Oncogenic activation of the RET gene can result from either somatic or germline alterations. Activating germline point mutations in RET with autosomal dominant heritability have been identified as the primary initiating events causative of malignancy in C-cells of the thyroid gland (MTC) and other clinical presentations of MEN2 (Hansford & Mulligan, 2000; Mulligan, 2014). These mutations are identified in 98-100% of MEN2 cases (Raue & Frank-Raue, 2018; Romei, Ciampi, & Elisei, 2016), which are responsible for 25% of MTC cases overall (Raue & Frank-Raue, 2015). An estimated 64,000 patients are diagnosed with thyroid cancer in the United States annually, and 1-2% of these cases are due to MTC. The most common alterations in the RET proto-oncogene are missense gain-of-function mutations mainly located in the extracellular domain of the RET gene (exons 10 or 11) and in the RET tyrosine kinase domain (exons 13, 14, 15 and 16) (ATA, 2016).

Germline RET mutations are associated with clear genotype-phenotype correlations (Plaza-Menacho et al., 2014). These clinical phenotypes can be divided into two subclasses of MEN2: multiple endocrine neoplasia type 2A (MEN2A) including familial medullary thyroid carcinoma (FMTC) and MEN type 2B (MEN2B) (Jasim et al., 2011). Over 100 RET point mutations, duplications, insertions, deletions, and fusions have been identified in patients with MEN2A, with the C634R mutation in exon 11 being the most common mutation, whereas only two RET mutations have been identified in patients with MEN2B (mainly M918T, and rarely A883F) (Giani et al., 2020; Romei et al., 2018). New variants continue to be reported (Paragliola et al., 2018; Qi et al., 2018). For example, in a case study of a 7-year-old girl in Italy, a “de novo” new germline RET deletion in exon 11 was found to cause features of both MEN2B without PHEO (pheochromocytoma), but “with a pelvic plexiform neurofibroma and with HPTH (primary hyperparathyroidism), which is typical of MEN2A” (Giani et al., 2020).

MEN2A is characterized by MTC and variable rates of PHEO, PPTH or both, with RET mutations in codons 609, 611, 618, or 620 of exon 10 and codon 634 of exon 11. Subtypes of classical MEN2A include development of cutaneous lichen amyloidosis and Hirschsprung disease. Absence of any clinical finding other than MTC in at least four family members is classified as FMTC (Wells et al., 2015).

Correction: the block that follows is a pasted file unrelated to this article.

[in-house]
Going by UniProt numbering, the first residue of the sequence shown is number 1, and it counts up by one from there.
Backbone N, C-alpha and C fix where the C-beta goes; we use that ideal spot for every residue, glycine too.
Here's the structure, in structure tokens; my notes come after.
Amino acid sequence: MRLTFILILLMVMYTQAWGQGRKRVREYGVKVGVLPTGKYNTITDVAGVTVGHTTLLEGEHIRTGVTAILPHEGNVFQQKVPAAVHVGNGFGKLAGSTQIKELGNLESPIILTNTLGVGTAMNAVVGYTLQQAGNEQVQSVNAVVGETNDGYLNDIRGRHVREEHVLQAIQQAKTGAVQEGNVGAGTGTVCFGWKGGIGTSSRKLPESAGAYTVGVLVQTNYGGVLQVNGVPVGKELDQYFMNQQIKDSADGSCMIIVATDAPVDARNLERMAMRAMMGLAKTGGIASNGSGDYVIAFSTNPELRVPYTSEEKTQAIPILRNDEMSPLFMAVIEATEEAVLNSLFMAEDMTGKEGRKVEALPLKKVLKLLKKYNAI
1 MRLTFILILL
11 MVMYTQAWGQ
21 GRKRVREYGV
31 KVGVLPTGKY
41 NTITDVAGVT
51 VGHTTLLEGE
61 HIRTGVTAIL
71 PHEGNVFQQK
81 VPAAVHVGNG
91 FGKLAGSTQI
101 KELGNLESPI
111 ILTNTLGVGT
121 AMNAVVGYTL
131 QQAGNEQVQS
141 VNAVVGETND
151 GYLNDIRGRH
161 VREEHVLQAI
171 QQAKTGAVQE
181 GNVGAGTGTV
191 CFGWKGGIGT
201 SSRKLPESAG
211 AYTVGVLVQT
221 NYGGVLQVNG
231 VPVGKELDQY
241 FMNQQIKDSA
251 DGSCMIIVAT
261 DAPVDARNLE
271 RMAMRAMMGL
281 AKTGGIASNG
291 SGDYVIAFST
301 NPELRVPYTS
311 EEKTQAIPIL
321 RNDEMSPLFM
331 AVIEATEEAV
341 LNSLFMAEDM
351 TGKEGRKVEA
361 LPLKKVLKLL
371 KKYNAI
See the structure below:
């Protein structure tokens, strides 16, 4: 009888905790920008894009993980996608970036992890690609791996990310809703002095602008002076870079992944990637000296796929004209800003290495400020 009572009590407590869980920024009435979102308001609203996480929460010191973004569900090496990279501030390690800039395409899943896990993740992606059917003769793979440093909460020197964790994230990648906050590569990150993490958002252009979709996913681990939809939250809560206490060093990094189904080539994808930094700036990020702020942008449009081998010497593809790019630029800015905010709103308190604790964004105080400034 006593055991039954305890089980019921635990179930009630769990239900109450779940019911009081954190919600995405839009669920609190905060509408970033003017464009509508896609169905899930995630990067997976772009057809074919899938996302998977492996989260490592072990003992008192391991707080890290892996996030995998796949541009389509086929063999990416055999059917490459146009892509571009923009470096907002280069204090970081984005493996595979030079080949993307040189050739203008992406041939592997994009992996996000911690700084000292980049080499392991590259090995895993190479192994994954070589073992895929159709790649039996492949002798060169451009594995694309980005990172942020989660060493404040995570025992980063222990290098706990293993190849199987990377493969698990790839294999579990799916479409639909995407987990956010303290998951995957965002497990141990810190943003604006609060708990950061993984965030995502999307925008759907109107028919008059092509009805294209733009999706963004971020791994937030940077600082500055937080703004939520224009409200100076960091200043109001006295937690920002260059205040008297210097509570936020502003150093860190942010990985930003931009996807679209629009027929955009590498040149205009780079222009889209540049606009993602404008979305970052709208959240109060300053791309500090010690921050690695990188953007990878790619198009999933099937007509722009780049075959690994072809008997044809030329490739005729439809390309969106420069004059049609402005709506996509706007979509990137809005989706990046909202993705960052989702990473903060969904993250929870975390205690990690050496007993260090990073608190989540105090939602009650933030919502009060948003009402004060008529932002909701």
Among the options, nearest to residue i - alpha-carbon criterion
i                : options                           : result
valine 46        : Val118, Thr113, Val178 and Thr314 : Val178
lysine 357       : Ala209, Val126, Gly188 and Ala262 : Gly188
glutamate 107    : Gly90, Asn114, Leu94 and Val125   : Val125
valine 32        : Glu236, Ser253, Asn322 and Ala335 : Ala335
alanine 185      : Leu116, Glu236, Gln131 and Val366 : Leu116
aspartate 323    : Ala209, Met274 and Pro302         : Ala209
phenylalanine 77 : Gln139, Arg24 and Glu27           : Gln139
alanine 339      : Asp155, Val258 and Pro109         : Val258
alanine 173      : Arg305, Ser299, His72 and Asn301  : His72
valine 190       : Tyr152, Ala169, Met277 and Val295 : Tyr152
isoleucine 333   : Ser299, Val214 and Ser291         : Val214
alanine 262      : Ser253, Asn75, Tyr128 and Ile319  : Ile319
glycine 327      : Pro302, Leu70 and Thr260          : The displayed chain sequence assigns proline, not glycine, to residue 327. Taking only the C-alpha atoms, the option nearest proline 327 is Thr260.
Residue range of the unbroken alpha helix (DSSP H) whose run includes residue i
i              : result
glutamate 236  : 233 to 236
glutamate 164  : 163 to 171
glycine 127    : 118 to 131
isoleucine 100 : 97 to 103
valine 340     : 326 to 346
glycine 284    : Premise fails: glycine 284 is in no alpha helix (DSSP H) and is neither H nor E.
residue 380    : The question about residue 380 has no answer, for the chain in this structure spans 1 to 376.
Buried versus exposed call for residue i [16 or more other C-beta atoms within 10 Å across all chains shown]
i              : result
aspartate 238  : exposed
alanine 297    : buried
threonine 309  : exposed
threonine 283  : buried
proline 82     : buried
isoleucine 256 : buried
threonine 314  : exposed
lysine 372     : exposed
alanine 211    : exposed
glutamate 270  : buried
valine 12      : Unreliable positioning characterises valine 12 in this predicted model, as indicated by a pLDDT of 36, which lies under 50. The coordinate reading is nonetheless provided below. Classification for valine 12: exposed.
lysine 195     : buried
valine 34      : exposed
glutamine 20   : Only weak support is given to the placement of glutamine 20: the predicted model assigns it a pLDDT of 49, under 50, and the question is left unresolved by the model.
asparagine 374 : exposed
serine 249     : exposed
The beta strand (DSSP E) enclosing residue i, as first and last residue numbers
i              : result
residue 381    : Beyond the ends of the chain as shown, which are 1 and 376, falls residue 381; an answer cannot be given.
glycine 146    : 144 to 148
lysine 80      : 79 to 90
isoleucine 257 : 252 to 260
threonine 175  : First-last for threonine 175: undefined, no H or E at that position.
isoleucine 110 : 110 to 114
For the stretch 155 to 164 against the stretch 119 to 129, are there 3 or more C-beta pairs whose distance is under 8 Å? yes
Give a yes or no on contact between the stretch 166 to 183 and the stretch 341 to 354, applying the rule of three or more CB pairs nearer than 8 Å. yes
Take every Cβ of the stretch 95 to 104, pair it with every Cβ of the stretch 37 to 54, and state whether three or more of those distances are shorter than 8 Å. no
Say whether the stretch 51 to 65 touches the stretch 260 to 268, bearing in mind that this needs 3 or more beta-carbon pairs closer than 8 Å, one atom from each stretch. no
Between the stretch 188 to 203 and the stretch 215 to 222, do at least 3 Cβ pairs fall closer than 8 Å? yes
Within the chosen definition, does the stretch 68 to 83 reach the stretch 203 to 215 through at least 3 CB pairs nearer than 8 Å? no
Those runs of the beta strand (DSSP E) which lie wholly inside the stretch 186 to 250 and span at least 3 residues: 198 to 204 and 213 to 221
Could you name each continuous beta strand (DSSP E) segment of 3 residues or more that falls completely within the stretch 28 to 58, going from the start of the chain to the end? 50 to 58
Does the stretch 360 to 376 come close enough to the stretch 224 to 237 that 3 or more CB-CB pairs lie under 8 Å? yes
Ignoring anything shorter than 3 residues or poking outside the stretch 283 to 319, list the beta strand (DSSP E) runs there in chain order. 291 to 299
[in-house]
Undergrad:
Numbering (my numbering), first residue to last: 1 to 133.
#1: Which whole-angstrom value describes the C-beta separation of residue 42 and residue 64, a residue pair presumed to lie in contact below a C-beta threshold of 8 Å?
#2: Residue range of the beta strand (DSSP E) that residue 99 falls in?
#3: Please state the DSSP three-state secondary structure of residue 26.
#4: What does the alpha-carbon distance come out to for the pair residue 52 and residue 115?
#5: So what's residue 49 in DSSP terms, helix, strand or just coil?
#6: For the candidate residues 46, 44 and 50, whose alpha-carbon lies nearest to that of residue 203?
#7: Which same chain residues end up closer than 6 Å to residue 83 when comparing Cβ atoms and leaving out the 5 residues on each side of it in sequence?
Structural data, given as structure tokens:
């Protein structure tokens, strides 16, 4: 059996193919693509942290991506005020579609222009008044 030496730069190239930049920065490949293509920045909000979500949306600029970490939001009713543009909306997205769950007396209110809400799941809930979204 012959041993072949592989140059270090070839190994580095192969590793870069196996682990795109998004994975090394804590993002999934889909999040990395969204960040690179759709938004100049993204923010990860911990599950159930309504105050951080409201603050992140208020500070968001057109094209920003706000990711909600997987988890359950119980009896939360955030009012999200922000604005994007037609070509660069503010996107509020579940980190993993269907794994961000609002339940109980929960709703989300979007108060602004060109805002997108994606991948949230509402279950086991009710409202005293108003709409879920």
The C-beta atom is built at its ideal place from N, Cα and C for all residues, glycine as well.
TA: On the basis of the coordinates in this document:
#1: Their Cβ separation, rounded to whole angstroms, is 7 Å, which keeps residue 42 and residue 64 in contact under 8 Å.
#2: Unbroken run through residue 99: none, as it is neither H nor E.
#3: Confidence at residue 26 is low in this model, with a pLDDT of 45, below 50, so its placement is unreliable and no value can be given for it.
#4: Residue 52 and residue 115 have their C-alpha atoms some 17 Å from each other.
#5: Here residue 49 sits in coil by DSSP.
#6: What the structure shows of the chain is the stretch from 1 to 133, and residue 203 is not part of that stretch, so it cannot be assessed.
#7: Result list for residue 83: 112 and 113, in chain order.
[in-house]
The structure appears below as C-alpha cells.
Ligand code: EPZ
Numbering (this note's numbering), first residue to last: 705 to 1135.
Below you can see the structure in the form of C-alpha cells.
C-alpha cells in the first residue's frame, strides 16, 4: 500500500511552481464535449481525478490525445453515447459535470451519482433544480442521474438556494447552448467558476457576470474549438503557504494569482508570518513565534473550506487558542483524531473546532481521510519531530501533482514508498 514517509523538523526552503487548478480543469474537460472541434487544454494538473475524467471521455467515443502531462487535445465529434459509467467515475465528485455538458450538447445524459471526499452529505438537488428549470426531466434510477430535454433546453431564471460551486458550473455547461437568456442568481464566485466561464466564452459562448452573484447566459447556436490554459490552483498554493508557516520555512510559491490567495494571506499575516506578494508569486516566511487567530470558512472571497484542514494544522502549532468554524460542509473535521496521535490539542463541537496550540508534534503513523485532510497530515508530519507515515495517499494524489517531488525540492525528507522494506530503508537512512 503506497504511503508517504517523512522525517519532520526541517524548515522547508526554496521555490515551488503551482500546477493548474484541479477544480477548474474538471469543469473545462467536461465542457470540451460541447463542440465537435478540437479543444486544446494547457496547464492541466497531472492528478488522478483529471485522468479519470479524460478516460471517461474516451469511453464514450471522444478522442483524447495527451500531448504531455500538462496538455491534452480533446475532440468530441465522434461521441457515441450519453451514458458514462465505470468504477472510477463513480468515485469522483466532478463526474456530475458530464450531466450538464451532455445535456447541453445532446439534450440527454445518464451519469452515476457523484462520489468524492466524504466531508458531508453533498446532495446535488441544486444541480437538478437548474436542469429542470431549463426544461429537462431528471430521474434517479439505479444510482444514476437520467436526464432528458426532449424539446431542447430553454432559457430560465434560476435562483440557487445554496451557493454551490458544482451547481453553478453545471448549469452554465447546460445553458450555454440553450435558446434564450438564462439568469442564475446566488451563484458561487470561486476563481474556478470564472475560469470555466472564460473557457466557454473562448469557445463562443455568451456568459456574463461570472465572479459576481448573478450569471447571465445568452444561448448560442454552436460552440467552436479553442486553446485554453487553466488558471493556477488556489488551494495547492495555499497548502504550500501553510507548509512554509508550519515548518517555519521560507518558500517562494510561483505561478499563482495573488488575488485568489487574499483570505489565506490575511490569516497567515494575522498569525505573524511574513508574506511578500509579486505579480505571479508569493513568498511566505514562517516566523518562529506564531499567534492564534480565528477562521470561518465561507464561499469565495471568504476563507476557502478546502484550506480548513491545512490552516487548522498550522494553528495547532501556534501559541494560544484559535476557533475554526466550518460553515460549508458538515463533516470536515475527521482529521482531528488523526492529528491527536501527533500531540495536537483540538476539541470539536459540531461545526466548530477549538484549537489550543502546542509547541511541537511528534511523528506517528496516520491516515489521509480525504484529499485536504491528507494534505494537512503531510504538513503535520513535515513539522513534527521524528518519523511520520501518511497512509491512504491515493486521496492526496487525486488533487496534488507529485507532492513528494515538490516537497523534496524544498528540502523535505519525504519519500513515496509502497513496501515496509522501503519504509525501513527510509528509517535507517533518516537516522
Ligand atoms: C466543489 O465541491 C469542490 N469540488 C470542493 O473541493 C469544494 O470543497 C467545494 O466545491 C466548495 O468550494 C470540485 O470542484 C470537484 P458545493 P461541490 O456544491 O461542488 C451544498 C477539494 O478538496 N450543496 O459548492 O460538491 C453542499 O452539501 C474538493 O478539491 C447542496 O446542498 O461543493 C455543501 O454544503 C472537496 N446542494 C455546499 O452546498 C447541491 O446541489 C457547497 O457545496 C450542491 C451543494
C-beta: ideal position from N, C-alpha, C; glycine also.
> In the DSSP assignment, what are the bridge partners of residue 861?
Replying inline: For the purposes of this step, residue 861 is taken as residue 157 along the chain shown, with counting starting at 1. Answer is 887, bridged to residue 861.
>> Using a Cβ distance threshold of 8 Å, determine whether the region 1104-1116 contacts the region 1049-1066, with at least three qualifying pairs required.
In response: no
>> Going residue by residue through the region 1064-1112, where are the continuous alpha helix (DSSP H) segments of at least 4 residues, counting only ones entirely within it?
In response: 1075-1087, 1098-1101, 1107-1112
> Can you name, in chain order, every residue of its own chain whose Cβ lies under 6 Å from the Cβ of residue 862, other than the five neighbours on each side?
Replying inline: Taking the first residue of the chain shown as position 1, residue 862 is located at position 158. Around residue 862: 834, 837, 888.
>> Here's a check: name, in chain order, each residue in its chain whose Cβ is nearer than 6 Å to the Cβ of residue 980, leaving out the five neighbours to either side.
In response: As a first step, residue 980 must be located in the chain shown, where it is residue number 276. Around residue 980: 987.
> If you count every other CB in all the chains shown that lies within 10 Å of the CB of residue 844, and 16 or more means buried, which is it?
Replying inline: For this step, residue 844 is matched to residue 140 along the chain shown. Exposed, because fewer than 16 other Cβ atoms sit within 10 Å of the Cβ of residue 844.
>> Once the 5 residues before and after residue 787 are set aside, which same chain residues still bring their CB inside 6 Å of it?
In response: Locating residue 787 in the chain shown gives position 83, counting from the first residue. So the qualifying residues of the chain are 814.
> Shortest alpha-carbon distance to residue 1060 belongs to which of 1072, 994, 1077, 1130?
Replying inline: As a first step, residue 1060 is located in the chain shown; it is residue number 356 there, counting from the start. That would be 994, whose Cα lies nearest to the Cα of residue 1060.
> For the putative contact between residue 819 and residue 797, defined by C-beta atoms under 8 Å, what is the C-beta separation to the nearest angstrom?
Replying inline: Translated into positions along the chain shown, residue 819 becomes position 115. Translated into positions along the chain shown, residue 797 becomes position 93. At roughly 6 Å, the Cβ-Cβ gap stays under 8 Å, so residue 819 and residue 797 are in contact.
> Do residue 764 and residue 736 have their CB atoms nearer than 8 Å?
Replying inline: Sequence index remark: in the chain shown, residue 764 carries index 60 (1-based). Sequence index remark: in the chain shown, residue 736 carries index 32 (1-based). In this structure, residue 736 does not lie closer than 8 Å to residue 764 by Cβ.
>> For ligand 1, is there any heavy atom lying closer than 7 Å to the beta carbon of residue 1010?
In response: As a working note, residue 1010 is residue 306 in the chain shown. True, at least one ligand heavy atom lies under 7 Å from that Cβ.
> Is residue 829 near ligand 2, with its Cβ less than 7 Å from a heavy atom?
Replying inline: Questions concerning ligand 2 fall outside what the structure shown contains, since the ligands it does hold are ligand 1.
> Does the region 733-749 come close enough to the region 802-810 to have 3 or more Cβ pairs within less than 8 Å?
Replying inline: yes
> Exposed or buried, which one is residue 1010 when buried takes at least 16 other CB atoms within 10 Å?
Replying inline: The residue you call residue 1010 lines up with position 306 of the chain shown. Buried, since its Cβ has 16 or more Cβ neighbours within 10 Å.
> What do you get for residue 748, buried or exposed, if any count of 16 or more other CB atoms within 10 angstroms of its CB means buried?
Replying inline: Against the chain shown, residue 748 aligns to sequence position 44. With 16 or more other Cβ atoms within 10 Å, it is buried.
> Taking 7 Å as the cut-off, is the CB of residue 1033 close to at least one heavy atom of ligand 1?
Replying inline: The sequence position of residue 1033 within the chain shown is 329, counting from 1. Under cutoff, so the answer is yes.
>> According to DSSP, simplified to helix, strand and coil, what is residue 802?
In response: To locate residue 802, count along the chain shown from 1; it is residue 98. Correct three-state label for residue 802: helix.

MEN2B is characterized by highly aggressive MTC, usually PHEO, but not PPTH, and may exhibit musculoskeletal abnormalities and developmental defects with RET mutations in codons 918 and 883 of exon 15 (Wells et al., 2015). 

Table 1: Clinical expression of familial MTC-associated syndromes (Links, Verbeek, Hofstra, & Plukker, 2015).


FMTC (%)

MEN2A (%)

MEN2B (%)













Marfanoid habitus




Intestinal ganglioneuromatosis




Mucosal neuromas




Clinical Validity
The development of tyrosine kinase inhibitors that specifically target RET (Suyama & Iwase, 2018) has allowed for genetic analysis of RET germline mutations to become the standard of care in the initial workup for detecting germline mutations and familial risk and identifying targeted therapy in MTC (Ernani, Kumar, Chen, & Owonikoko, 2016; Wells et al., 2015). Further, somatic RET rearrangements have recently been implicated in a variety of cancers, including chronic myelomonocytic leukemia; acute myeloid leukemia; and lung, breast, pancreatic, and colon cancers; a patient previously diagnosed with lung cancer underwent genomic profiling, and the identification of a RET point mutation associated with MTC allowed researchers to determine that this lung cancer diagnosis was incorrect (Gordon et al., 2018). A change in treatments proved to be very helpful for this patient. Other researchers have reported RET translocations in lung cancer cases, but they state that this is extremely rare (Zhao et al., 2016).